I’ll be honest: San Jose-Costa Rica, is not a breathtaking city. It doesn’t feature an enticing waterfront, dazzling architecture, or a restaurant row.
Travelers to San Jose-Costa Rica, tend to blow through the city on their way to rainforests and resorts. They’ve come for biodiversity and beaches. Of the nearly two million visitors to Costa Rica each year, 80 percent are there for eco-tourism…not to explore a city. But they’re making a big mistake.
Easy to explore, give it a go!
Before–or after–experiencing the beauty of the country, San Jose deserves your attention. It’s the country’s capital and largest city, with about 350,000 “Josefinos” and “Josefinas,” as the male and female residents are called. The downtown is compact and easy to walk, with long pedestrian-only areas.
I spent three days in San Jose before embarking on my own eco-adventure, and I could have used at least another day. The area is charming, the people friendly, and the Tourist Information folks full of advice.
Here are the highlights of my too-short visit:
Central Market (Mercado Central): It’s no secret that I always head first to a market. Even with the compulsory souvenir stands, you can find the pulse of a city. Cruise the produce and meat displays; try whatever food the locals are lining up for; notice what’s different from other markets you’ve visited.
Before it became a bustling market in 1880, Central Market was a training place for snipers. A big one at that, because it occupies an entire block. It’s a maze of alleys and walkways, with over 200 stalls that sell everything: Meat, fish, cheese, and an astounding array of produce. Family restaurants, with tiny counters and loyal patrons, are everywhere. Move over an aisle to find flowers, ribbons, clothing, jewelry, sandals, housewares, and dried herbs to cure whatever ails you. Lottery ticket sellers roam the aisles and set up small tables outside the entrances.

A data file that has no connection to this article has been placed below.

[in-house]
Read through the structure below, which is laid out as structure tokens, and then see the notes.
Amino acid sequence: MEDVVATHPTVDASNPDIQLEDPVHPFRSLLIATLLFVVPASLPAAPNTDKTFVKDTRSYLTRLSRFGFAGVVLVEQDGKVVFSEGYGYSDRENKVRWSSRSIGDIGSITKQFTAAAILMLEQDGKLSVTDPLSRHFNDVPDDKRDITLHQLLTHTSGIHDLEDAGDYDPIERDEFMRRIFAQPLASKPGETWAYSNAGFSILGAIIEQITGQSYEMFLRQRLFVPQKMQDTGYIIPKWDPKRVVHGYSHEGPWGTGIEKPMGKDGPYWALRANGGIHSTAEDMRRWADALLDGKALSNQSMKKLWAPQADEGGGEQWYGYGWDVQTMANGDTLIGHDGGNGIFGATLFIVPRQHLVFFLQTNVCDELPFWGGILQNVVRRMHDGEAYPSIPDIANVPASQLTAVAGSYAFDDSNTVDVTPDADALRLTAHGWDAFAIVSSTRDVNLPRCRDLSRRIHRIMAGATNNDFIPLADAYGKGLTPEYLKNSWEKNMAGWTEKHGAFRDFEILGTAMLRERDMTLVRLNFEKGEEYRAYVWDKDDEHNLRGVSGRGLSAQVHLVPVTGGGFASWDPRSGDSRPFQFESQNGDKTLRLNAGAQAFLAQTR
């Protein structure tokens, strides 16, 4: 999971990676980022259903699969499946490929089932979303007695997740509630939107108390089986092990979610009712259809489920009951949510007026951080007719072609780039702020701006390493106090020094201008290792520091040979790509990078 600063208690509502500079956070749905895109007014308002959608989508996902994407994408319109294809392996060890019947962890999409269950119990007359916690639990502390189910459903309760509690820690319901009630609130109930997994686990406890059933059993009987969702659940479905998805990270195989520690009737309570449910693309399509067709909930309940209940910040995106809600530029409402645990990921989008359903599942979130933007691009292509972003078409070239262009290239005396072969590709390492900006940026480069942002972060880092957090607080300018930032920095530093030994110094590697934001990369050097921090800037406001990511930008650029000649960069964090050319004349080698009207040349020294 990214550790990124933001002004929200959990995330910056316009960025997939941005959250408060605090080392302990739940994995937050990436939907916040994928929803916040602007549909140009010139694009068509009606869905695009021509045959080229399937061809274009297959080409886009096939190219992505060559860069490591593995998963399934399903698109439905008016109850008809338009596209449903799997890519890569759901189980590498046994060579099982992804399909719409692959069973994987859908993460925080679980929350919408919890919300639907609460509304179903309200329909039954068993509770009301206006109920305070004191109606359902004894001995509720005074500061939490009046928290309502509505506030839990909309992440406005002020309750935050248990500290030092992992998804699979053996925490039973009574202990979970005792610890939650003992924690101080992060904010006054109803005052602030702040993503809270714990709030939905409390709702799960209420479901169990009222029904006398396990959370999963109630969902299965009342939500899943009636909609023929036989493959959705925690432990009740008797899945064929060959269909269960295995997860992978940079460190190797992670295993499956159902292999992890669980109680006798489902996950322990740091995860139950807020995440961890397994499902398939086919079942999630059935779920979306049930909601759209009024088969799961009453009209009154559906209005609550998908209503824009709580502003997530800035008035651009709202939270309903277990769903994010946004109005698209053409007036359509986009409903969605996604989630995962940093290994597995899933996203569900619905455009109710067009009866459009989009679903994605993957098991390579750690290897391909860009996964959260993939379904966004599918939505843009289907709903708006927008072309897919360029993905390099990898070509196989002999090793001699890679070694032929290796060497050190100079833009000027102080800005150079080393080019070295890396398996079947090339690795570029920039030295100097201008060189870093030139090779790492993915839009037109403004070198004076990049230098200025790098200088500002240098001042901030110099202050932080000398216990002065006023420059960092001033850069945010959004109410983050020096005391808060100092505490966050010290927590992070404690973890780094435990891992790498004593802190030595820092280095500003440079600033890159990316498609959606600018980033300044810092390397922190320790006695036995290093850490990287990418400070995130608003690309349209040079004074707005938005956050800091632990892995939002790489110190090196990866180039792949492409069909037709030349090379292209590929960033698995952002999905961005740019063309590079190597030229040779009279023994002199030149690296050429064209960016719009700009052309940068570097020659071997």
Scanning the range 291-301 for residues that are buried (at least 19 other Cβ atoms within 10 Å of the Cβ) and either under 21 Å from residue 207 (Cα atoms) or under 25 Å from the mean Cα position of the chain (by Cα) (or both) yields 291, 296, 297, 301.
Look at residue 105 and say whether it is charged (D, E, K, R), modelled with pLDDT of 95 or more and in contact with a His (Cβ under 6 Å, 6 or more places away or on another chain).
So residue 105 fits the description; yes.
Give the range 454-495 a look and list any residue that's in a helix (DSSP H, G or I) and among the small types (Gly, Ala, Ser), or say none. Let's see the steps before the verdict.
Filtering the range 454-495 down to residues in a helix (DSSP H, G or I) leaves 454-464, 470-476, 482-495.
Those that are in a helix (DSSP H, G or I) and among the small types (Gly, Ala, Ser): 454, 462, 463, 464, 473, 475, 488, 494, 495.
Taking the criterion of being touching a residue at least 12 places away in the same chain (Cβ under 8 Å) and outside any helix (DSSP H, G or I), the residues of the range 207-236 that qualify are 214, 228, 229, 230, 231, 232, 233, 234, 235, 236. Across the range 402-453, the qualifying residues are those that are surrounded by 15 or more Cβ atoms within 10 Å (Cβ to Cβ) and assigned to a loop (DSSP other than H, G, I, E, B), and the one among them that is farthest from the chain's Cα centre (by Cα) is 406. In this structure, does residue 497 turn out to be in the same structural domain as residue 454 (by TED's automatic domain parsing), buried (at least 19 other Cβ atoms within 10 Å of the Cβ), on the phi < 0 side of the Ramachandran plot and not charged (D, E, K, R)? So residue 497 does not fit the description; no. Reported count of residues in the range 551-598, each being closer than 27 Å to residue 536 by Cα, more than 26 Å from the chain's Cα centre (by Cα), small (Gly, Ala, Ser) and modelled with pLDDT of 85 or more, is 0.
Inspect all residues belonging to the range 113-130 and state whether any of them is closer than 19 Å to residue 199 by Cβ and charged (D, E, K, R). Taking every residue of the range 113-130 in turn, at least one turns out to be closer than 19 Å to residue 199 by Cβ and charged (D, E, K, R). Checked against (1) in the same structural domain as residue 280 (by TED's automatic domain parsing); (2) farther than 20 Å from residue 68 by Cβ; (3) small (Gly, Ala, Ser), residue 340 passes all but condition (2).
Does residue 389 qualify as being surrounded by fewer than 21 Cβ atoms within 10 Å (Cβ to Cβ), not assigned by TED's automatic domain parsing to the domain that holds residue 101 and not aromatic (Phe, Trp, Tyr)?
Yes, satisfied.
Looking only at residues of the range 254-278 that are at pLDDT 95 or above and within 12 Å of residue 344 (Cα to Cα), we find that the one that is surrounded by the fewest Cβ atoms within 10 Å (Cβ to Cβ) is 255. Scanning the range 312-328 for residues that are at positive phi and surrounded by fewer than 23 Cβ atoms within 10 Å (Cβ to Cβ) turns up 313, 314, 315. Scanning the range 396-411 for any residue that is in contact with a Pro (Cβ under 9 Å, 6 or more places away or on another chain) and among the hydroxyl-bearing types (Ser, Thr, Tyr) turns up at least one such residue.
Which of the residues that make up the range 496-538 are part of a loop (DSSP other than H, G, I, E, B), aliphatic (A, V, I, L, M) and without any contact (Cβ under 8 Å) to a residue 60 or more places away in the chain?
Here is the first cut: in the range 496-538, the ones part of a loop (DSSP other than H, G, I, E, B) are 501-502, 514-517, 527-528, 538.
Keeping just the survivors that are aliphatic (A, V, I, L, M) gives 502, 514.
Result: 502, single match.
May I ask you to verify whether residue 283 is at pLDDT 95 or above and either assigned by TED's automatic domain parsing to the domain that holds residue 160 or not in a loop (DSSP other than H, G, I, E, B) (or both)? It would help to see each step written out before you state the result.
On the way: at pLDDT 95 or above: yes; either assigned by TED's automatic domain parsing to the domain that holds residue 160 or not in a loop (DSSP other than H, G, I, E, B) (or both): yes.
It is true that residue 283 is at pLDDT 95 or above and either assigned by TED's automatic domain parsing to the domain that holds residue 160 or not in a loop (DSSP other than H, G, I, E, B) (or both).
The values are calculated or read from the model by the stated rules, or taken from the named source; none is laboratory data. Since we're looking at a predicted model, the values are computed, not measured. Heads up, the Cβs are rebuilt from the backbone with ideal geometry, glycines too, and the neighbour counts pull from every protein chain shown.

About 20,000 people come to the market every day. Housewives, office workers, restaurant owners and chefs…and some tourists. And it feels more like a local place than an attraction.
National Museum (Museo Nacional de Costa Rica): San Jose has excellent museums that explain the country history, culture, and commitment to protecting its environment. The National Museum was founded in 1887; since 1950, it’s been housed in Bellavista, a former army barracks and weapons depository. (Costa Rica went “army-free” in 1948.)
The museum covers three aspects of the country: Anthropology & Archeology, going back to prehistoric times; History of Costa Rica, with over 35,000 artifacts; and Natural History, featuring animal and plant collections. The butterfly garden has cocoons that are constantly hatching. It takes several hours to see all the exhibits, well-described in both Spanish and English.
- Pre-Columbian Gold Museum
- The Numismatic Collection (Coins and Currency)
- Special exhibits, such as The Female Figure in Costa Rican Coins & Banknotes
San Jose-Costa Rica has a new Museum Walk Pass that covers all the museums I’ve mentioned.
But wait! There’s more!
The National Theatre (Teatro Nacional de Costa Rica) is the city’s prettiest building and maybe its most ambitious, given that San Jose’s population was only 19,000 when the theatre opened in 1897. Funded by taxes on newly-wealthy coffee growers, the Neo-Classical building, designed after the Paris Opera House, was astounding to the residents. It also had electricity; San Jose was the third city in the world to get electricity, after New York and Paris.
Wasting no time to demonstrate a love of culture, the first performance was Faust by Johann Wolfgang von Goethe. Today, concerts, operas, and ballets take place in the elaborately decorated theatre. Visit the marble entrance foyer for free; tours are available in several languages. It’s worth your time to see what the country considers its “crown jewel.”
In front of the theatre is the city largest center’s public space Juan Mora Fernandez Plaza. It’s busy all day long; people meet, students gather, and tourists stop to take photos.
Wander the city–there’s plenty to see within a few blocks. Buy some fruit from the vendors who set up shop at the corners. Pause to listen to a cimarrona band, playing Costa Rican favorites with brass and percussion instruments. Stop in a bakery for fresh pastries; the French had an important influence on the country, including fresh baguettes and pastry. I found some great street murals a block over from the National Museum.
The Costa Rican motto is “Pura Vida”…it translates as “pure life” or “simple life,” but it’s really describing the country’s lifestyle. You’ll find it easily in San Jose.
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